May 12, 2016 - Sale 2415

Sale 2415 - Lot 153

Price Realized: $ 31,200
?Final Price Realized includes Buyer’s Premium added to Hammer Price
Estimate: $ 40,000 - $ 60,000

Color silk panel, 1965. 1220x1115 mm; 48x44 inches. One of only 3 or 4 known panels. With the artists signature in black, lower edge. Published by the artist, New York. Ex-collection private collection, New York, acquired directly from the artist.

According to Corlett, "The image on the fabric was designed by Lichtenstein. It was made into a dress, designed by Lee Rudd Simpson specifically for Lichtenstein's friend Letty Lou Eisenhauer to wear to his opening at the Galerie Ileana Sonnabend in Paris in 1965. In addition to the dress, one other panel is known to exist."

Corlett cites the dress, now in the the Kyoto Costume Institute, Japan, and another panel listed on the Roy Lichtenstein Foundation, New York, website.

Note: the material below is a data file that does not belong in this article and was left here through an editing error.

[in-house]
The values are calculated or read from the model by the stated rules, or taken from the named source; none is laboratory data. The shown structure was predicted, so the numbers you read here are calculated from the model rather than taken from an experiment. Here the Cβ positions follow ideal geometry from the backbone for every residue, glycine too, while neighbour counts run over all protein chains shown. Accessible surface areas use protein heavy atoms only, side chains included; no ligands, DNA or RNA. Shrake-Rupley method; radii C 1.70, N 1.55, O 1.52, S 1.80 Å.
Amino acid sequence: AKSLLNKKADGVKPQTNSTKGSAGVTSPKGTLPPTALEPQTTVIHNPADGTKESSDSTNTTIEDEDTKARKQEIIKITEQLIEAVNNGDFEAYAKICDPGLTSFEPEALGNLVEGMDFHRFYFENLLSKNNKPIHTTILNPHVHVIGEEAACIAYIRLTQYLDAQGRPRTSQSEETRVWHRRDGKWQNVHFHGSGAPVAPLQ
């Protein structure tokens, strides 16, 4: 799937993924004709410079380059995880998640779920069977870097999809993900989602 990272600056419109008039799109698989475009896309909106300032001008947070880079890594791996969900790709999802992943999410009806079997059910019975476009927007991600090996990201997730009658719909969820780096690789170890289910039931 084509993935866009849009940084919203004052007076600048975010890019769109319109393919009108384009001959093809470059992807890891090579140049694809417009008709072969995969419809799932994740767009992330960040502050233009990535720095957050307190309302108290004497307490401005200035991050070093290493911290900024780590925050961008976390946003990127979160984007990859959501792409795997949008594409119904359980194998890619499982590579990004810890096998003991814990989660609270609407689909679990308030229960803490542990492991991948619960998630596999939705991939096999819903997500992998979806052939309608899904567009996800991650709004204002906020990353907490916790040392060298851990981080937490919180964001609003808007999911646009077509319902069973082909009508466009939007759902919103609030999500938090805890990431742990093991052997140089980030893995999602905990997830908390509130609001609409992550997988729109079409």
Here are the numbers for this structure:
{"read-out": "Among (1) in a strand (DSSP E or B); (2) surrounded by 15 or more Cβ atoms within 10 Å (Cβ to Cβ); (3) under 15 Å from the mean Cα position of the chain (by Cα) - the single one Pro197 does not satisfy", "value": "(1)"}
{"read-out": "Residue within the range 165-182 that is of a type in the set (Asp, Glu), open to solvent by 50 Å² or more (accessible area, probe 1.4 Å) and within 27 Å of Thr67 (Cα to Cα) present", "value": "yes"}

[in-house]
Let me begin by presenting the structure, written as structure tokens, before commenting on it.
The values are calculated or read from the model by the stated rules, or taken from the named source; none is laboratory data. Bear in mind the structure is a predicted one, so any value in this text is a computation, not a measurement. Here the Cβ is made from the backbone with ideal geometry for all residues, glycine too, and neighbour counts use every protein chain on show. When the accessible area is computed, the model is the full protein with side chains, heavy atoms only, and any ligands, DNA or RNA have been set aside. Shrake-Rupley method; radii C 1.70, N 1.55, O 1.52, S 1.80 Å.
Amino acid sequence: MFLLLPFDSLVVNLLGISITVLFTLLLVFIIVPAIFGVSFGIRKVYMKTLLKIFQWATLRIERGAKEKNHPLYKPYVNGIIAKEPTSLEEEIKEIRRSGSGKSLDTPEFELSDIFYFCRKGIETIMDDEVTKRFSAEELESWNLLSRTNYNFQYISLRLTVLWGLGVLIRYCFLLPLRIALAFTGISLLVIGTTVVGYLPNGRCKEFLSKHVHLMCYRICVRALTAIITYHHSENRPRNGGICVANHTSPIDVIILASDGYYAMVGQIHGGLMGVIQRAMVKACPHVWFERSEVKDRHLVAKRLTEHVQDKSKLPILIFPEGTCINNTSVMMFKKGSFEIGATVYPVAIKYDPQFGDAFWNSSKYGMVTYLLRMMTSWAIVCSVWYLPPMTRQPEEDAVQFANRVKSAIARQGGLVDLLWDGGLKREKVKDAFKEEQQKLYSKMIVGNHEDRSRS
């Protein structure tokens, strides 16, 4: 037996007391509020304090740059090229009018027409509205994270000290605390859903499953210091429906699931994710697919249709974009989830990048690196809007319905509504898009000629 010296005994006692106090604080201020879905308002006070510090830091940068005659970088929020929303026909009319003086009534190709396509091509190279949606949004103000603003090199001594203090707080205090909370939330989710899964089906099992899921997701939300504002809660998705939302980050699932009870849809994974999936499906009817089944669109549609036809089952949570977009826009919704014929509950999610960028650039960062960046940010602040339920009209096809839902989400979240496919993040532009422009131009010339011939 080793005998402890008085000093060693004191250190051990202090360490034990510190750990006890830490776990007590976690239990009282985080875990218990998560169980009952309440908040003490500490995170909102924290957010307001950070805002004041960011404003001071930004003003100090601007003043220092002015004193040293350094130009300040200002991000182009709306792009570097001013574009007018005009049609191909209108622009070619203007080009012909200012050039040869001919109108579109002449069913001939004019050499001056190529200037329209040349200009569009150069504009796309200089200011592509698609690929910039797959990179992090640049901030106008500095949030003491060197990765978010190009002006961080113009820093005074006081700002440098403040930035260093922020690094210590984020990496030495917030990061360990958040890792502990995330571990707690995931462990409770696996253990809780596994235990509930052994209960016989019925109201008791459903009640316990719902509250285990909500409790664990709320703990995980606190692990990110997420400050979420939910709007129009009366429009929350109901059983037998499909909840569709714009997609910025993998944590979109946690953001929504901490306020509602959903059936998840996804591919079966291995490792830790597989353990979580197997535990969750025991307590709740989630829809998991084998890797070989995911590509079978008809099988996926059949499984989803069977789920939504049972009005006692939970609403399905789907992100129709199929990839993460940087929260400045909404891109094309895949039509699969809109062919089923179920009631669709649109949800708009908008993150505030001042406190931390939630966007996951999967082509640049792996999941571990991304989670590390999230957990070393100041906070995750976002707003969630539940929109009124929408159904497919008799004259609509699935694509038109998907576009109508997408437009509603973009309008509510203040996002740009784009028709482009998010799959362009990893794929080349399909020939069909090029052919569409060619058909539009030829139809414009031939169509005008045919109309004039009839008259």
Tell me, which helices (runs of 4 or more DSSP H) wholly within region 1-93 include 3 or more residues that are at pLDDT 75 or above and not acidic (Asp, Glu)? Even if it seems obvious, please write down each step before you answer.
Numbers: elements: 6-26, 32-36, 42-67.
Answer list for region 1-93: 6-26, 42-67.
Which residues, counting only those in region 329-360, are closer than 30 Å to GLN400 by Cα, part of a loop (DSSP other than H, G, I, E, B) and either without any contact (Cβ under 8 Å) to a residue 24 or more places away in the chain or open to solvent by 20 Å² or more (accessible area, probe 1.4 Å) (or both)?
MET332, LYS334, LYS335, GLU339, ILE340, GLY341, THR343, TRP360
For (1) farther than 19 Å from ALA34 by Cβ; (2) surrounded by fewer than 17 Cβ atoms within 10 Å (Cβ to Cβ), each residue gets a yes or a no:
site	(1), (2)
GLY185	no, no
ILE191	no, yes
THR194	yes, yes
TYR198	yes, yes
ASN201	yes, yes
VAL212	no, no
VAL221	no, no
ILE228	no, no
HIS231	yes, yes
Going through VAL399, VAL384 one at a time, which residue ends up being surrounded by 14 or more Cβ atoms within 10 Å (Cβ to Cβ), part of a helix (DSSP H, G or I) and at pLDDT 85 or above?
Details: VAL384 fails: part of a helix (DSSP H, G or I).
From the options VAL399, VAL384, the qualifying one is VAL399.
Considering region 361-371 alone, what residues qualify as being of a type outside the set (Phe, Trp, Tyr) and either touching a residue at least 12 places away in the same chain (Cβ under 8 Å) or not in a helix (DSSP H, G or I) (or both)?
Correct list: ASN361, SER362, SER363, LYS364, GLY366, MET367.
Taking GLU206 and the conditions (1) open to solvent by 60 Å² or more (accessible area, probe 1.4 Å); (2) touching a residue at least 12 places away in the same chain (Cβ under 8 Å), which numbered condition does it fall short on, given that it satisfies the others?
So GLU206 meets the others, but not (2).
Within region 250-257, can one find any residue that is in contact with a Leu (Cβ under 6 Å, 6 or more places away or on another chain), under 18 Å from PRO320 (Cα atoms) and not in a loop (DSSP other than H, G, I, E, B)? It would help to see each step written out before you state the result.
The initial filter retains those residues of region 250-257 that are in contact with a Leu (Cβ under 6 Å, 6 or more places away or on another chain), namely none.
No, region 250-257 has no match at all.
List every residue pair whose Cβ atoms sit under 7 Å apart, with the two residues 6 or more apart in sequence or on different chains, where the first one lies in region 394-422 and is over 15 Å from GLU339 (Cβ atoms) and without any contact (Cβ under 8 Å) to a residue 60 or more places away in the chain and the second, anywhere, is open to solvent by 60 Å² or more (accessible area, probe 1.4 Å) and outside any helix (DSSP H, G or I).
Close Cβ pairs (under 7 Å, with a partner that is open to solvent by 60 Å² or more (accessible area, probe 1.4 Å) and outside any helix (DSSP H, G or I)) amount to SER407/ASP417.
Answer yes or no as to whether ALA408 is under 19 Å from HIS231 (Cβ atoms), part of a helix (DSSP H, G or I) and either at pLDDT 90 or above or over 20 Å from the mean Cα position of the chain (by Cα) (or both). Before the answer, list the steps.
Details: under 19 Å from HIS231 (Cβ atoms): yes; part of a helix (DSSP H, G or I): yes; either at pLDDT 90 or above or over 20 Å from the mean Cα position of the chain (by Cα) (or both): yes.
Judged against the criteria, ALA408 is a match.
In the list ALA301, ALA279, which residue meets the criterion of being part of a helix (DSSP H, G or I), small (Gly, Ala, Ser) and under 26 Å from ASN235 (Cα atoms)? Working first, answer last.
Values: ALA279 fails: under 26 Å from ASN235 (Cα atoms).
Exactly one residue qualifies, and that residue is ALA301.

The current panel is from a private collection, acquired directly from the artist, of one of the collaborators on the dress project who assisted Lee Rudd Simpson with the design and fitting of the dress. According to the collector, there were likely additional panels given to Simpson and another collaborator on the project (possibly Spike Landsman, according to the collector).

Lichtenstein conceived this personal project ultimately as a dress design for his then girlfriend and fellow artist Letty Lou Eisenhauer to wear to the opening of his solo exhibition at Galerie Ileana Sonnabend, "Roy Lichtenstein," June 1–30, 1965, and only one dress was made from the several panels produced in the extremely limited run.

A similar sunrise design was incorporated by Lichtenstein for a more widely circulated offset color lithograph, published by Leo Castelli Gallery, New York, that may have been used promotionally for one of several shows in which Lichtenstein's work appeared at the Castelli Gallery during 1965 (see Corlett II, 7) as well as an oil painting and several enamels on metal also from 1965. His earliest use of the sunrise motif dates to 1964 in two separate oil paintings. These sunrises were appropriated from the backgrounds of cartoon scenes and as such directly tie-in to the comic-inspired work that launched his career as one of the foremost Pop artists starting in the early 1960s. Corlett III. 42.